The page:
The fossils of the Burgess Shale are spectacular, and many of them preserve exoskeletons, limbs, and infillings of the gut. In some rare fossils there is evidence of gut contents and muscle. For example, the internal organs are especially well preserved in the fossilized Ottoia worms. However, there are also many fossils that did not withstand geologic forces of the past 500 million years. Many empty shells have been found because the soft parts decayed and include Scenella and the brachiopods Lingulella and Diraphora. In the case of trilobites, entire exoskeletons have been found without appendages. These trilobites may have molted at the time of their death. The soft tissues of the appendages may have decayed along with the highly perishable body contents, and only the exoskeleton (shell) left behind became fossilized. Another arthropod, Canadaspis, is found in clusters. These clusters have a mixture of fossils exhibiting soft tissues and fossils exhibiting an absence of tissue. The mudslides may have brought moltings and whole animals together, another indication of the history of sediment flow in the Burgess Shale. The phyllopod bed is therefore exceptional for possessing both typical fossil bearing characteristics and unusual soft tissue preservation. This bed is highly important because it records the first appearance of organisms with hard parts in the fossil record.
Many fossils from the Shale exhibit a characteristic dark stain. This provides evidence of the existence of soft bodied organisms during the Cambrian period. After the death of these organisms, radioactive carbon in the soft tissues of the organisms was converted into a film of mica and silicates, creating a stain in the rock layer. Some fossils show this characteristic stain where the soft parts would have been.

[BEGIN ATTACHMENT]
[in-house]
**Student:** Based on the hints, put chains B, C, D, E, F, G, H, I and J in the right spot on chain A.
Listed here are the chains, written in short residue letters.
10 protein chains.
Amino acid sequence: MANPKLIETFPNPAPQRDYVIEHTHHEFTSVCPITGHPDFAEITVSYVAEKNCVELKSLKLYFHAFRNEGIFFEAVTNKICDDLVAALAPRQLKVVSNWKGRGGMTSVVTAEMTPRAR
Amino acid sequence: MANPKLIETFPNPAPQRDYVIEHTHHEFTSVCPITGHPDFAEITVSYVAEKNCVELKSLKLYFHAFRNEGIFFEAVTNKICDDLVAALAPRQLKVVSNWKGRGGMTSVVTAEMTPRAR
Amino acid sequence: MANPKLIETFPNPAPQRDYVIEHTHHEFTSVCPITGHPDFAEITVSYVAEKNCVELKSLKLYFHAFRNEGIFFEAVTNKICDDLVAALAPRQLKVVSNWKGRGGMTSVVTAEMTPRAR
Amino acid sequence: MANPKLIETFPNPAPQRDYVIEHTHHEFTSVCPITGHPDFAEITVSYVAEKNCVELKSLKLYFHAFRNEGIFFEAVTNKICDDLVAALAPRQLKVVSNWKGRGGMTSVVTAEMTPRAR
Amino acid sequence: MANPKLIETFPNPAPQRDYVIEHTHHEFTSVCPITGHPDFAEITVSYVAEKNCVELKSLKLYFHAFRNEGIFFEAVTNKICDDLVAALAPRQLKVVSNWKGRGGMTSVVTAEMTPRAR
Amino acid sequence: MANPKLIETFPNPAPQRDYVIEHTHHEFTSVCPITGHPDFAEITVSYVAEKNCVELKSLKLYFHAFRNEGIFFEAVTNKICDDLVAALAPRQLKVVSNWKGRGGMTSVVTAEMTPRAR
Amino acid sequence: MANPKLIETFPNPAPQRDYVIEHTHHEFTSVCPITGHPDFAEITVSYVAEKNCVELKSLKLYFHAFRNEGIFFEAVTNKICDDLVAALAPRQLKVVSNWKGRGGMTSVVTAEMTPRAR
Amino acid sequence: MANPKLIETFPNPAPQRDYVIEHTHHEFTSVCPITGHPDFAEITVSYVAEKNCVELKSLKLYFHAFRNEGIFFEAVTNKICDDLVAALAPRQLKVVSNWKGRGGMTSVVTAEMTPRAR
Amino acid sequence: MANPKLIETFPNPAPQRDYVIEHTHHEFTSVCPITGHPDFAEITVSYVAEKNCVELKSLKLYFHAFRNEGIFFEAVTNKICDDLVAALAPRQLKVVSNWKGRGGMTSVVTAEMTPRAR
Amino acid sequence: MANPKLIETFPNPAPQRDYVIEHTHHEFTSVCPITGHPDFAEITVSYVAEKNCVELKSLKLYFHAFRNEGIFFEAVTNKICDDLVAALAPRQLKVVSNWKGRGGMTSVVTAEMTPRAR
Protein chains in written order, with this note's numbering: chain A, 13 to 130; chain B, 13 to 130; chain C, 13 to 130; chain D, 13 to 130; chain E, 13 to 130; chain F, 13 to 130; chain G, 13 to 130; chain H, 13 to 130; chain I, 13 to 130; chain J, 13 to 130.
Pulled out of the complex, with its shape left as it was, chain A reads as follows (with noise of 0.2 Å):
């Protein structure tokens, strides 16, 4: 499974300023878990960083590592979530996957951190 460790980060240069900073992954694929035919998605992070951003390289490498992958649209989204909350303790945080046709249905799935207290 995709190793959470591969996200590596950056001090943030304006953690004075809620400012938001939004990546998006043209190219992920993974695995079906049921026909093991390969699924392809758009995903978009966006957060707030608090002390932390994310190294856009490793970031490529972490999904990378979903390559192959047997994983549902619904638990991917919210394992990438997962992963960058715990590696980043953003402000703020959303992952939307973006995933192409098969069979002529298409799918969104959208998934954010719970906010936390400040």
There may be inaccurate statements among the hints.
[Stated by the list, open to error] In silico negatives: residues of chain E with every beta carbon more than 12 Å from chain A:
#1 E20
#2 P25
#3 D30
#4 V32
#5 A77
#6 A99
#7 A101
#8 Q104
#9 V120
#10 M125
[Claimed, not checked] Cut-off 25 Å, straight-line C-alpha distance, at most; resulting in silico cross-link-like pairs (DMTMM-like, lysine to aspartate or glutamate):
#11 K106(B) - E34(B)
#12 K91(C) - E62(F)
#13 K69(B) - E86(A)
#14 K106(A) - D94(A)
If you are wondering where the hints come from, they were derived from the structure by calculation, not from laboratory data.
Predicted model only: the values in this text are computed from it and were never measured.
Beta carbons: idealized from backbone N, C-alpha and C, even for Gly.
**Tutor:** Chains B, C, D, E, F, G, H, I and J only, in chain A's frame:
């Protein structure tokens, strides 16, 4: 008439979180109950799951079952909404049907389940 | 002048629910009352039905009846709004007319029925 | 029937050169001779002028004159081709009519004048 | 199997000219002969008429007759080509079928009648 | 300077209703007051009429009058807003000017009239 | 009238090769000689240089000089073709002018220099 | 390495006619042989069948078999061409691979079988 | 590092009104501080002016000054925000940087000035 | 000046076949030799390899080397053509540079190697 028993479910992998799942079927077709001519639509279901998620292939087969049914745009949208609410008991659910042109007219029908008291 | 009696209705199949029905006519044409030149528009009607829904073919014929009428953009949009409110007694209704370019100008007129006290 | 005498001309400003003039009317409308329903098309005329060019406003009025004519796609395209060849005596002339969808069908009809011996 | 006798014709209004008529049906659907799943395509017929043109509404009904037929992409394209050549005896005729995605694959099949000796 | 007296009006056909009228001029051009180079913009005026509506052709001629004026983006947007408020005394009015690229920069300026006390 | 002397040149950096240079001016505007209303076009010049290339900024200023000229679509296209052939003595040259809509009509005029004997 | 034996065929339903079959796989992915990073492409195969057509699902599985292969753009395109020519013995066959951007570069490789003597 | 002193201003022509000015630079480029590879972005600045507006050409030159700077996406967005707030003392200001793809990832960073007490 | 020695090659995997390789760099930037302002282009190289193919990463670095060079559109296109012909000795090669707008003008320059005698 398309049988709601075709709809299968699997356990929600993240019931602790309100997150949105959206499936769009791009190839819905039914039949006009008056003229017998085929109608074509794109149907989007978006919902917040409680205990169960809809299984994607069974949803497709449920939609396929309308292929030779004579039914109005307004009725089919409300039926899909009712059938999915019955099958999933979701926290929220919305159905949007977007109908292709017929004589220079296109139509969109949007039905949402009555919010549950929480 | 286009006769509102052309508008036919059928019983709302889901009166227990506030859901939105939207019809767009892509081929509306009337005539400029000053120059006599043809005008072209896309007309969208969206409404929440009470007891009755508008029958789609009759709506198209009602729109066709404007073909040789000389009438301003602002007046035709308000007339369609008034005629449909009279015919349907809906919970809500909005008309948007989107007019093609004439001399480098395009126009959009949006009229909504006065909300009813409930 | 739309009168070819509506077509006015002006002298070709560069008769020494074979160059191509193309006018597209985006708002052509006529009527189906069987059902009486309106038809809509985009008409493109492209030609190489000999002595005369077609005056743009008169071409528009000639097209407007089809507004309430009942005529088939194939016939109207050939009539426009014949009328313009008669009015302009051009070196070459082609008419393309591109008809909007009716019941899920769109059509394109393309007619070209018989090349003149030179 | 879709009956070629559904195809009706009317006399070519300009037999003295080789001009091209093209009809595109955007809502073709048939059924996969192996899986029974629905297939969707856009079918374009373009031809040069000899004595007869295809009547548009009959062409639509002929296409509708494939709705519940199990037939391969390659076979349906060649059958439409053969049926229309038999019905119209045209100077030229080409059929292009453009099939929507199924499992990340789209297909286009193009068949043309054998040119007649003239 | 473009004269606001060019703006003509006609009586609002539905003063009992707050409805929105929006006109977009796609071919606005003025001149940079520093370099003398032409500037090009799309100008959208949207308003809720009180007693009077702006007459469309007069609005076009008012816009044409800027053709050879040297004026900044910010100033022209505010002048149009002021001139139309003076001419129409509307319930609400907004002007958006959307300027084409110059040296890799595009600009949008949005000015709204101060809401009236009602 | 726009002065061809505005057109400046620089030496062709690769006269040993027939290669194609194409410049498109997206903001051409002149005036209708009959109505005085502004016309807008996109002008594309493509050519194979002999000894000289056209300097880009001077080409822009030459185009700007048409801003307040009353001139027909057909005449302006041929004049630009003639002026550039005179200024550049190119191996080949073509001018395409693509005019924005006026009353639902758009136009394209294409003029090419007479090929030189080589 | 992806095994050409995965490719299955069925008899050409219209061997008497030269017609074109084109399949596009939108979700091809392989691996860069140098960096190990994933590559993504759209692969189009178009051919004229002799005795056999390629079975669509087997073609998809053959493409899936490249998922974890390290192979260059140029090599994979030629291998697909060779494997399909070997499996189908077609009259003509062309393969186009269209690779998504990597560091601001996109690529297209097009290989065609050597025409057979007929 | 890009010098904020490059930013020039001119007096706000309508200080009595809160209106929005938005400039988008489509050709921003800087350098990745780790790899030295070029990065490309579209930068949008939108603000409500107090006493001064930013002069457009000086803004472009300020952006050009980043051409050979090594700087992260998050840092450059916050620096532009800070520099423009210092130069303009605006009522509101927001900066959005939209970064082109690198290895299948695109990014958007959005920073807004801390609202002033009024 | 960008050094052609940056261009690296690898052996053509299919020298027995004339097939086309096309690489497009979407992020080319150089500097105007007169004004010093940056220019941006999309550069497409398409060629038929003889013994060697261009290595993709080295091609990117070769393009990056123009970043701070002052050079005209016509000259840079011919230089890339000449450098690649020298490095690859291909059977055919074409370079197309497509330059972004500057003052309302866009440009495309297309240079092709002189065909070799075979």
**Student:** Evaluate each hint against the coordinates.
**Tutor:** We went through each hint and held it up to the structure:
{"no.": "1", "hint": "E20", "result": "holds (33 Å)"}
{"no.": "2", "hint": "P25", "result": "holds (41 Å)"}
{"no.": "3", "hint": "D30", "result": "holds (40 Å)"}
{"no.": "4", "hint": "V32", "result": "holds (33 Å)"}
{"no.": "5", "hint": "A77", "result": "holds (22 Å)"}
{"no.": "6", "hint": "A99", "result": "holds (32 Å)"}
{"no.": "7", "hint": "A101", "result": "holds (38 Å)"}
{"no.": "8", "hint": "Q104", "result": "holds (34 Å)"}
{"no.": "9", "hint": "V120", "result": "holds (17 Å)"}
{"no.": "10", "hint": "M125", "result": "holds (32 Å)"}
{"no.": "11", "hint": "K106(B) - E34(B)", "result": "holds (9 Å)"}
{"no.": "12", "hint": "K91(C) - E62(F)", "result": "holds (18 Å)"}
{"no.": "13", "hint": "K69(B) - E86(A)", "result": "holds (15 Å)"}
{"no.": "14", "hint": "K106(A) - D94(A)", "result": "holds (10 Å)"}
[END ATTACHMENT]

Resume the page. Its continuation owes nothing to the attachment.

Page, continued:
Walcott and later workers have used several different methods to excavate these highly delicate fossils. First of all, erosion has accomplished part of the uncovering, brining the fossil bearing layers to the surface. As stated in Whittington (p.40), "erosion of the transported piles of rocks has produced the mountains of today and exposed the shales on the ridge". The first and most inefficient method used to remove specimens was to simply saw through the slabs to get to the fossil, but this proved a poor method of recovery. Preservation of the fossil in its entirety was difficult because the outline of the remains was not known, and risk of sawing through the remains was high. In addition, the crude saw caused fragmentation and disintegration of delicate shales and fossils. Newer techniques have been used over time. Dissolving the rocks in dilute acetic acid (vinegar) has retrieved fossils from limestones. Another helpful excavation method uses UV light at a low angle to show the overall shape, and at a high angle to highlight reflective parts. This makes it easier for researchers to recognize and dig out the fossils without breaking off parts.